About Chef Analise
Analise Roland is a regenerative farming activist, speaker, and self-taught chef whose passion for food is rooted in her belief that food grown with intention can heal our soil and communities. Over the last ten years, she has launched companies in the food and wellness space, spoken on our food system’s history and current state, and advocated for the regenerative farming community.
Analise runs an experience-driven pop-up dinner series in Malibu and advises a regenerative farming incubator in the Bitterroot Valley of Montana. We had the chance to sit down for dinner with her, pick her brain about food waste, and even get a few recipes for a full course meal. Check it out!
Simple and elegant dinner for two a la Chef Analise
For these recipes, Chef Analise took inspiration from the seasonal produce at Imperfect to curate a delicious 3-course meal for two. Analise got creative with our surplus kale and seedless lemons for the salad, scarred butternut squash for the purée, and off-sized pork chops, slightly too small garlic, and scarred grapefruit for the pork chops.
First course: Tangy Apple Cider Kale Salad
- Half a bunch of red kale, destemmed and thinly sliced
- 1/3 cup apple cider vinegar (per batch of kale)
- 1 tbsp olive oil
- Sea salt (to taste)
- Lemon zest (to taste)
- Place a cast-iron pan or skillet on the stovetop, add a little olive oil and bring to medium heat.
- Meanwhile, in a medium-sized bowl, toss your de-stemmed kale in olive oil and sea salt.
- Once the pan is hot, place the kale inside and carefully pour apple cider vinegar on top (it will steam, so watch out!). Continuously stir the kale until it has fully wilted.
- Add to plates and serve topped with an extra pinch of sea salt and lemon zest.
Second course: Herby Butternut Squash Purée
- 1 butternut squash
- 2 sprigs of fresh rosemary
- 2 sprigs of fresh thyme
- Sea salt (to taste)
- 1-2 tbsp olive oil
- 1 cup veggie or chicken stock (adjust for desired texture)
- Preheat the oven to 415°. Clean and cube the butternut squash and add to a medium-sized bowl.
- Remove the rosemary and thyme leaves from the woody stems. You can pinch them off with your fingers or use a knife to cut them off quickly.
- Add the rosemary and thyme to the bowl with the squash and toss with sea salt and olive oil.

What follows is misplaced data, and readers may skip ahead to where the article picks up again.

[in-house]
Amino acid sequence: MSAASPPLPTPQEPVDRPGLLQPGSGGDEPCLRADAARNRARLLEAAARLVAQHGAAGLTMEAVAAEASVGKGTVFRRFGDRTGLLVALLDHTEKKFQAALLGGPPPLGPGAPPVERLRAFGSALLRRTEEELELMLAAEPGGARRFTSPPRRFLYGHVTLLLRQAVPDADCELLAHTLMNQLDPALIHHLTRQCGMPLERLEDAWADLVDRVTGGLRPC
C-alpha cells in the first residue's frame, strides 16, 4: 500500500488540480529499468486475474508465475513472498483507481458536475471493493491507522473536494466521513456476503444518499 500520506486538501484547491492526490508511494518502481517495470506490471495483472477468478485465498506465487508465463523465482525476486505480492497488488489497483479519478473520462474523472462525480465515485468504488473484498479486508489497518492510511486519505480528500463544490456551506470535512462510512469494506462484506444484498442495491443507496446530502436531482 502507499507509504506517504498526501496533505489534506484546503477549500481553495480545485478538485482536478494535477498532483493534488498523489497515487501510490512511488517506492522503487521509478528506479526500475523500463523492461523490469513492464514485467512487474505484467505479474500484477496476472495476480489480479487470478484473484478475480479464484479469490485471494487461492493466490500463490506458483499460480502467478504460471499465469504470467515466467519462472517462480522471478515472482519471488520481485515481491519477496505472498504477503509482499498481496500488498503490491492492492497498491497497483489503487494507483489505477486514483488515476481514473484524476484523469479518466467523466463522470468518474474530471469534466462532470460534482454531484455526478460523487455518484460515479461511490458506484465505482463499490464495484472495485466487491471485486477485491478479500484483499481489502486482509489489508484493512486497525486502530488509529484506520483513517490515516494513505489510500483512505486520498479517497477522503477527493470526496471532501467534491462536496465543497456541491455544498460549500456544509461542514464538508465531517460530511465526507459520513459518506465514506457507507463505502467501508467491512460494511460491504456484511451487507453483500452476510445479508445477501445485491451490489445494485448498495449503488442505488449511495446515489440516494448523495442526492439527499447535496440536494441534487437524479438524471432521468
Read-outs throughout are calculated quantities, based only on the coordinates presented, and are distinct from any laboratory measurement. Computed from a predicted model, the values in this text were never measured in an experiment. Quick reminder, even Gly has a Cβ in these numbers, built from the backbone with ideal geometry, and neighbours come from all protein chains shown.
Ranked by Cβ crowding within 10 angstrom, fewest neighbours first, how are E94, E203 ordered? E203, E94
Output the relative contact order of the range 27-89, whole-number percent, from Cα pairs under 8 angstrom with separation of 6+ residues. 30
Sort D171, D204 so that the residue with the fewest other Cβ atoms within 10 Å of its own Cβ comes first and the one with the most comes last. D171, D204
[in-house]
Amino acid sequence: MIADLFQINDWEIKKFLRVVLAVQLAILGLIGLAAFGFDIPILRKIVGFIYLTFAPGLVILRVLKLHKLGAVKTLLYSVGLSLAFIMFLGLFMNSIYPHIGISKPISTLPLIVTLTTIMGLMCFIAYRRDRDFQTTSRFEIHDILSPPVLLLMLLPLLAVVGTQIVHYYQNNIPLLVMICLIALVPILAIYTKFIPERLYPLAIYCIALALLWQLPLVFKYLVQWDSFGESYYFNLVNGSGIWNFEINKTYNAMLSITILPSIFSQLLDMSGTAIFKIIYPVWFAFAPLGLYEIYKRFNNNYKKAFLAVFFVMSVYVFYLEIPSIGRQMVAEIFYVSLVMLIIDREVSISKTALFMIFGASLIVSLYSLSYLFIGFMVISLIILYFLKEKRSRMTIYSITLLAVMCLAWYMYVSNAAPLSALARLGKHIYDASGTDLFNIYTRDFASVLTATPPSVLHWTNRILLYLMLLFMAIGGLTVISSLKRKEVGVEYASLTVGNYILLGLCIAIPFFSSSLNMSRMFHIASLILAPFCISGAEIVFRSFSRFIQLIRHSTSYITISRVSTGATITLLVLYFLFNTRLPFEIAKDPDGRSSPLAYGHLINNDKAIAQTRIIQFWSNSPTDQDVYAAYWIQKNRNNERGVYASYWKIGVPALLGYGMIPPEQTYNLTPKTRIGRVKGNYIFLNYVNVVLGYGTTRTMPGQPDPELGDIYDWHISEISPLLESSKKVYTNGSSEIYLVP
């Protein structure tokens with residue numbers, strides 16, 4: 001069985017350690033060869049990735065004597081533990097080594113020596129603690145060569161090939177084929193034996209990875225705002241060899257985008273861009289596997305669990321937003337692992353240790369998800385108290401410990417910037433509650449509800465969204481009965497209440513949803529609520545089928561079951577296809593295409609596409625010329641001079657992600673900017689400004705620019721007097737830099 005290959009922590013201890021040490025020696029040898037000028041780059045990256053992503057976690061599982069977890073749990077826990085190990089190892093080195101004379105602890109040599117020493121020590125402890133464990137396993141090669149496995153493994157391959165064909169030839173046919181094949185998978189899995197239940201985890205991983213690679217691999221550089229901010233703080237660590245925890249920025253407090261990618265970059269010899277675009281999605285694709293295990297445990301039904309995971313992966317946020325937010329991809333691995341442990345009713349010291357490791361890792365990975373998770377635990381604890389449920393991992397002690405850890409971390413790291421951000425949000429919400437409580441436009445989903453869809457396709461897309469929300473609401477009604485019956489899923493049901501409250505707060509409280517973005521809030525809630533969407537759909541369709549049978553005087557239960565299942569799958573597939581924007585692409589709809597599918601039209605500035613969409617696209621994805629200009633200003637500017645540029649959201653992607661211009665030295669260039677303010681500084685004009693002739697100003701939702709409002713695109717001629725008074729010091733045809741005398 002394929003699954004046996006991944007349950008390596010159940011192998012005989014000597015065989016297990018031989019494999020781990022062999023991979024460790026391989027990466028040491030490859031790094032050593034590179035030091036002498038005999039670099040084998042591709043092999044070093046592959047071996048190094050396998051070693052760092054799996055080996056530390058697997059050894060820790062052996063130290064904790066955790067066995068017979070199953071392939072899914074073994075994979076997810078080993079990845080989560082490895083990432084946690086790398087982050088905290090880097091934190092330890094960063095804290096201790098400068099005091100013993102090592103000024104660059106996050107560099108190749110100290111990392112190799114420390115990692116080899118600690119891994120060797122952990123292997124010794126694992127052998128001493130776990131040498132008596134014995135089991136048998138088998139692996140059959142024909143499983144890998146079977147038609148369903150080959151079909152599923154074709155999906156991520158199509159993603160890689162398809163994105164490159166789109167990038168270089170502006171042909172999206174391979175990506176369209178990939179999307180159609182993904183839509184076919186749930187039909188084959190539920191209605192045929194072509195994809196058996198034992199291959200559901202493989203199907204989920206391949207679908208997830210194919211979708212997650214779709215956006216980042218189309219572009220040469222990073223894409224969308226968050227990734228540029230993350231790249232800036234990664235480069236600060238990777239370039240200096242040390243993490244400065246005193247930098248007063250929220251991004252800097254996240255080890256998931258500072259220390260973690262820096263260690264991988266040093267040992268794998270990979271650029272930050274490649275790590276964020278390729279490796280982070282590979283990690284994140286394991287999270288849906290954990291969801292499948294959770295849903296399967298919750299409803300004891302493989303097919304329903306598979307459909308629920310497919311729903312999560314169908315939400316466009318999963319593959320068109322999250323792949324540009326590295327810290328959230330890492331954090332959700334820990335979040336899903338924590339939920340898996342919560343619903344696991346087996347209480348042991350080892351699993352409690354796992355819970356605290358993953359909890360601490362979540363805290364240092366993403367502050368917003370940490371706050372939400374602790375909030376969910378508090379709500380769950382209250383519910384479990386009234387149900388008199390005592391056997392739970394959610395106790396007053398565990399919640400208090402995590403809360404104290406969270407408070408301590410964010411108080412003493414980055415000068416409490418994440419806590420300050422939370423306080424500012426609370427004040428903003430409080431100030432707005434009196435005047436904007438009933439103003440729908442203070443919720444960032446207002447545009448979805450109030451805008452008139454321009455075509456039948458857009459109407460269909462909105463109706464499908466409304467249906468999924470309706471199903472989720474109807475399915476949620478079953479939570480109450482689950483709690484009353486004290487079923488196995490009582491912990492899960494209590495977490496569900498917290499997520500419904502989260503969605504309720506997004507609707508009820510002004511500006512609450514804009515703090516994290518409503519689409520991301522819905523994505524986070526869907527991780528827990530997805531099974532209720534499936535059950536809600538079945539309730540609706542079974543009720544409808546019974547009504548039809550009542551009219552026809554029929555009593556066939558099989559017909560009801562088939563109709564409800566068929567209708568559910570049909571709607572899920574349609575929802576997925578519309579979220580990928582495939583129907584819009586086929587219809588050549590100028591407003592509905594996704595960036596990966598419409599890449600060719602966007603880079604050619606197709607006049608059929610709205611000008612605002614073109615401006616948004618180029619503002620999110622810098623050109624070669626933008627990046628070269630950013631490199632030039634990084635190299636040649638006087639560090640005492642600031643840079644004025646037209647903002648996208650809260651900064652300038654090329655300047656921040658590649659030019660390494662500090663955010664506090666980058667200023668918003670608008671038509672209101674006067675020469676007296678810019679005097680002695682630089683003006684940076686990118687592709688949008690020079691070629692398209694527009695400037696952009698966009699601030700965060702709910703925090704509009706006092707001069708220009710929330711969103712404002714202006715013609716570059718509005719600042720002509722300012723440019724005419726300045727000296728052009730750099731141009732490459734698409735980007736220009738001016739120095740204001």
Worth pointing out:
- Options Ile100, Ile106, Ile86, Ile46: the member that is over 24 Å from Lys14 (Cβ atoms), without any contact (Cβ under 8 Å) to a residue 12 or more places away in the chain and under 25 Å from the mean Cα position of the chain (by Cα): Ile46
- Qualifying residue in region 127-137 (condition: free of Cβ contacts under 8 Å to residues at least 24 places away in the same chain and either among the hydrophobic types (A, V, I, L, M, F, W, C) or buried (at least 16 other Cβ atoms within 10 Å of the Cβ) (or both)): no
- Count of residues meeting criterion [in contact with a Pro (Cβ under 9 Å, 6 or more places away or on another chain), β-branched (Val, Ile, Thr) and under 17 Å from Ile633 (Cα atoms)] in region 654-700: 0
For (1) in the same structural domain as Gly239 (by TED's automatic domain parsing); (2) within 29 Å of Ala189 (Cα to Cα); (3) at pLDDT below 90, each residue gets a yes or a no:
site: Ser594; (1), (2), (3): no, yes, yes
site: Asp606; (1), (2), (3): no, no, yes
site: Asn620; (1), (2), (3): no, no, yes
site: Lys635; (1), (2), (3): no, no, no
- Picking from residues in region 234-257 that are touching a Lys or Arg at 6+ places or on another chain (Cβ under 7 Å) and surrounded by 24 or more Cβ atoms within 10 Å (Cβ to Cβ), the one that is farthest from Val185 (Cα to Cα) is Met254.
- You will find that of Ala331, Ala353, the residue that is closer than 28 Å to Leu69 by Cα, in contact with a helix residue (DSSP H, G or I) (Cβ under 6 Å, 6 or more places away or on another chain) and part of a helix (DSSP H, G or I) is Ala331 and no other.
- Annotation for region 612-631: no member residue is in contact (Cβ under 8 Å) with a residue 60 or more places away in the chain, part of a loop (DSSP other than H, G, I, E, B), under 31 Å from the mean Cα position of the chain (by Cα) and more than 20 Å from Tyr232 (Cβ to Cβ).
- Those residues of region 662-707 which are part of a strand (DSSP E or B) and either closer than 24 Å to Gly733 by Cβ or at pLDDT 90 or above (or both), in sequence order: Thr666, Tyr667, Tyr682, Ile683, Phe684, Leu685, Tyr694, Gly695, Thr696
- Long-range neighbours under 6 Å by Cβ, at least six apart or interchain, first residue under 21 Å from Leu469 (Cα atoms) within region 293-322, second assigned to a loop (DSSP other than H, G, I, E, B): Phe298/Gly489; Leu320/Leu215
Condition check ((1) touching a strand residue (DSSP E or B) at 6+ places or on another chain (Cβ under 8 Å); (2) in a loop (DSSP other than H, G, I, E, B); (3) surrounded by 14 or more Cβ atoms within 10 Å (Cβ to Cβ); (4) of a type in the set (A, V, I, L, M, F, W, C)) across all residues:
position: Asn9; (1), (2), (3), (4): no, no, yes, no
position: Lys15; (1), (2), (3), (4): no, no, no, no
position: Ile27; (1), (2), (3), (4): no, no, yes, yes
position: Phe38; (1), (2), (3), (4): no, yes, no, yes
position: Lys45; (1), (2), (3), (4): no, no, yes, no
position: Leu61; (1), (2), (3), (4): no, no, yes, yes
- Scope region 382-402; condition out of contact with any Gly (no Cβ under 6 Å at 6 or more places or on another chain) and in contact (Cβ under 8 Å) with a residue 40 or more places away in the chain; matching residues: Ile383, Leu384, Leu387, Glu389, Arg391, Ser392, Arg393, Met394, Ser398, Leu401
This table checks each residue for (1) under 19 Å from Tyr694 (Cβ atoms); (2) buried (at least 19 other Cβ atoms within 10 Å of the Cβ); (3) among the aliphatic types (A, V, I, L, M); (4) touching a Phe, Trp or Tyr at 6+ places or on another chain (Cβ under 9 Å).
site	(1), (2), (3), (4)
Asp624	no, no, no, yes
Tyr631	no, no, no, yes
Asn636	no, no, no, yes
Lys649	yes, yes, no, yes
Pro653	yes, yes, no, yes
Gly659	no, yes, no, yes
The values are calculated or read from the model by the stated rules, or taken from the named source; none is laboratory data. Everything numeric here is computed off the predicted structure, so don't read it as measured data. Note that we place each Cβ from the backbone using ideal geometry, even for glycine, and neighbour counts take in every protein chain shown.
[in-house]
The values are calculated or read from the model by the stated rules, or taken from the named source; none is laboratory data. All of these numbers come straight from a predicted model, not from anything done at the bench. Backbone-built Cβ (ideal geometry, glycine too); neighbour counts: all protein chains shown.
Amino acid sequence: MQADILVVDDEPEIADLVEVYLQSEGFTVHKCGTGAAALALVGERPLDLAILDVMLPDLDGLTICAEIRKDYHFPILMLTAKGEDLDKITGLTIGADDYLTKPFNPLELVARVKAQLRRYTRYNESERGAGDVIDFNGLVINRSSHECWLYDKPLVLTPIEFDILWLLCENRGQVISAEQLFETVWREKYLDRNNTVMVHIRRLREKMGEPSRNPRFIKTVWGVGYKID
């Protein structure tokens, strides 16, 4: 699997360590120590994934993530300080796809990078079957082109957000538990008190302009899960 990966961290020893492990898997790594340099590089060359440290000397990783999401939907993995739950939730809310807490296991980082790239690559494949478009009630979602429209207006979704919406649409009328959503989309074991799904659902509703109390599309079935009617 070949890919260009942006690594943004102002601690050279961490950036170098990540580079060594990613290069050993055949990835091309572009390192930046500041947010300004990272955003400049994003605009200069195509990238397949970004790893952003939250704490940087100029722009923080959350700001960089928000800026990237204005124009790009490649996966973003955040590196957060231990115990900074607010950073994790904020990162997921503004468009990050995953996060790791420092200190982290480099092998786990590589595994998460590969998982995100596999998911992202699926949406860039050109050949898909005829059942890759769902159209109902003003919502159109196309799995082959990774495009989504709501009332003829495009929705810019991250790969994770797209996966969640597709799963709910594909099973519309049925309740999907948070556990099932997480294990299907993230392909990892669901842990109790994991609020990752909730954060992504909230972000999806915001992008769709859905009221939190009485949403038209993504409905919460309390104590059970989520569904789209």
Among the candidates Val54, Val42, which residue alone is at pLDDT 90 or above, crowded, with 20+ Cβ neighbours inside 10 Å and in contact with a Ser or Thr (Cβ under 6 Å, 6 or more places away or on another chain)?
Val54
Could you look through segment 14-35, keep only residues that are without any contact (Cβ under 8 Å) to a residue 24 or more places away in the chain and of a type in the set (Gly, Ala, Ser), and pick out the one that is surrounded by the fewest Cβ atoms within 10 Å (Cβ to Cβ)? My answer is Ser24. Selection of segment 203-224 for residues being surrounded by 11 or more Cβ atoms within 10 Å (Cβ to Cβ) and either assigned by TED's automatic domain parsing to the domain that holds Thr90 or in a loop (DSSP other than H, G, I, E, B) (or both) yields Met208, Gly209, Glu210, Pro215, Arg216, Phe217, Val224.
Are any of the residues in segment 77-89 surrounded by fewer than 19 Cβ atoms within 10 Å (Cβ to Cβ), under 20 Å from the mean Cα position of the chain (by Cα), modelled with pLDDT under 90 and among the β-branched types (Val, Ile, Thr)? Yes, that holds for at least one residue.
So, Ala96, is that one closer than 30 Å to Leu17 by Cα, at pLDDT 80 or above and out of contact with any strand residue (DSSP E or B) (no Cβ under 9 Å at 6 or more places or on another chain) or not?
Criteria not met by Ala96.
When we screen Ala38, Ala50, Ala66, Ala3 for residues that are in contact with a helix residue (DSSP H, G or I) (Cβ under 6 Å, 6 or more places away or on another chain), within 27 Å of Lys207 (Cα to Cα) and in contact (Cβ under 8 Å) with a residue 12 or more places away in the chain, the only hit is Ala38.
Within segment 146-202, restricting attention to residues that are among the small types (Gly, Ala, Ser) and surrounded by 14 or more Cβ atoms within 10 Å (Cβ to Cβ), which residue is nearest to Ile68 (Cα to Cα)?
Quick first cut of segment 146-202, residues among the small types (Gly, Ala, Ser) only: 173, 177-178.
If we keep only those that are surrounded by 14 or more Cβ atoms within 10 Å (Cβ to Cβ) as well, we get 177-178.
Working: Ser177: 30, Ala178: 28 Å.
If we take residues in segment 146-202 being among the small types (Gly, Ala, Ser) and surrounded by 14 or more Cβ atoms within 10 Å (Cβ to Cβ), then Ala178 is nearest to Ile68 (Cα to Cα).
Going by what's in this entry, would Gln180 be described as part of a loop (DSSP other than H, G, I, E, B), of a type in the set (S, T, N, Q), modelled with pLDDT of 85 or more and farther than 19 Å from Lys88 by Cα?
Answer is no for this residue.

- Spread the mixture out on a baking sheet and roast for 30 minutes or until tender.
- Remove from the oven and put into a food processor or blender.
- Begin blending as you slowly add stock to taste. The more stock you add, the soupier the purée will become. Once the purée is to your desired consistency, pour into bowls and serve with an extra drizzle of olive oil.
Third course: Peppercorn and Grapefruit Brined Boneless Pork Chops
- 2 boneless pork chops
- 6 cups of cold water
- 1 tbsp peppercorns
- 1 cup of grapefruit rinds (or other citrus)
- 4 cloves garlic, smashed
- 1 tbsp olive oil
- ⅛ tsp of sea salt
- Six hours before serving the pork, place the pork into a brine of the cold water, black peppercorns, citrus rinds (any citrus will do, but I prefer grapefruit or orange), smashed garlic, olive oil, and sea salt
- Let sit for 6 hours, then remove from the brine before you begin grilling.
- Heat the grill to 450°. While the grill warms up, pat the pork chops dry and sprinkle them with sea salt.
- Add the pork chops to the grill and sear for 3 minutes on each side. They’ll keep cooking once you take them off, so plan to plate and serve them quickly!
Q & A with Analise
Q: Why is addressing food waste important to you?
Most retail stores have such strict guidelines for what they will sell that sometimes almost half of a farm’s harvest will go to waste! It broke my heart to think of such incredible food going to waste when there were so many hungry mouths to feed. At the same time, the chefs I admired most taught me how food waste can be avoided in the kitchen by using the whole animal, the whole vegetable, the whole fruit. There are so many ways to cook with carrot tops, the rinds of oranges, and even the bones of a chicken that will enrich the flavors of food and greatly lower food waste in the kitchen.
Q: How do you reduce food waste in your cooking?
I’m constantly working on using all parts of every ingredient in my recipe formulation. For example, animal scraps and bones make rich, deep broths to nourish and heal your gut from the inside out (also they make great bases for soups). The rinds of citrus and apples can be added to brines and zested into salads for an extra zing. Carrot tops (one of my favorite things to use) can be turned into a wonderful pesto with basil and pumpkin seeds and more.
Q: What advice do you have for people who want to reduce waste when they cook?
You would be surprised how much of the “waste” you think you have in your kitchen can be repurposed or used to add even more depth of flavor and texture to your dishes. If you’re a meal planner, I suggest taking an extra look at your recipes to see what you can use and where. For example, if you’re roasting a chicken, can you make bone broth out of the leftover bones? Can you use those leftover apple and orange peels in a cocktail, as zest for a salad, or cooked down and served on ice cream?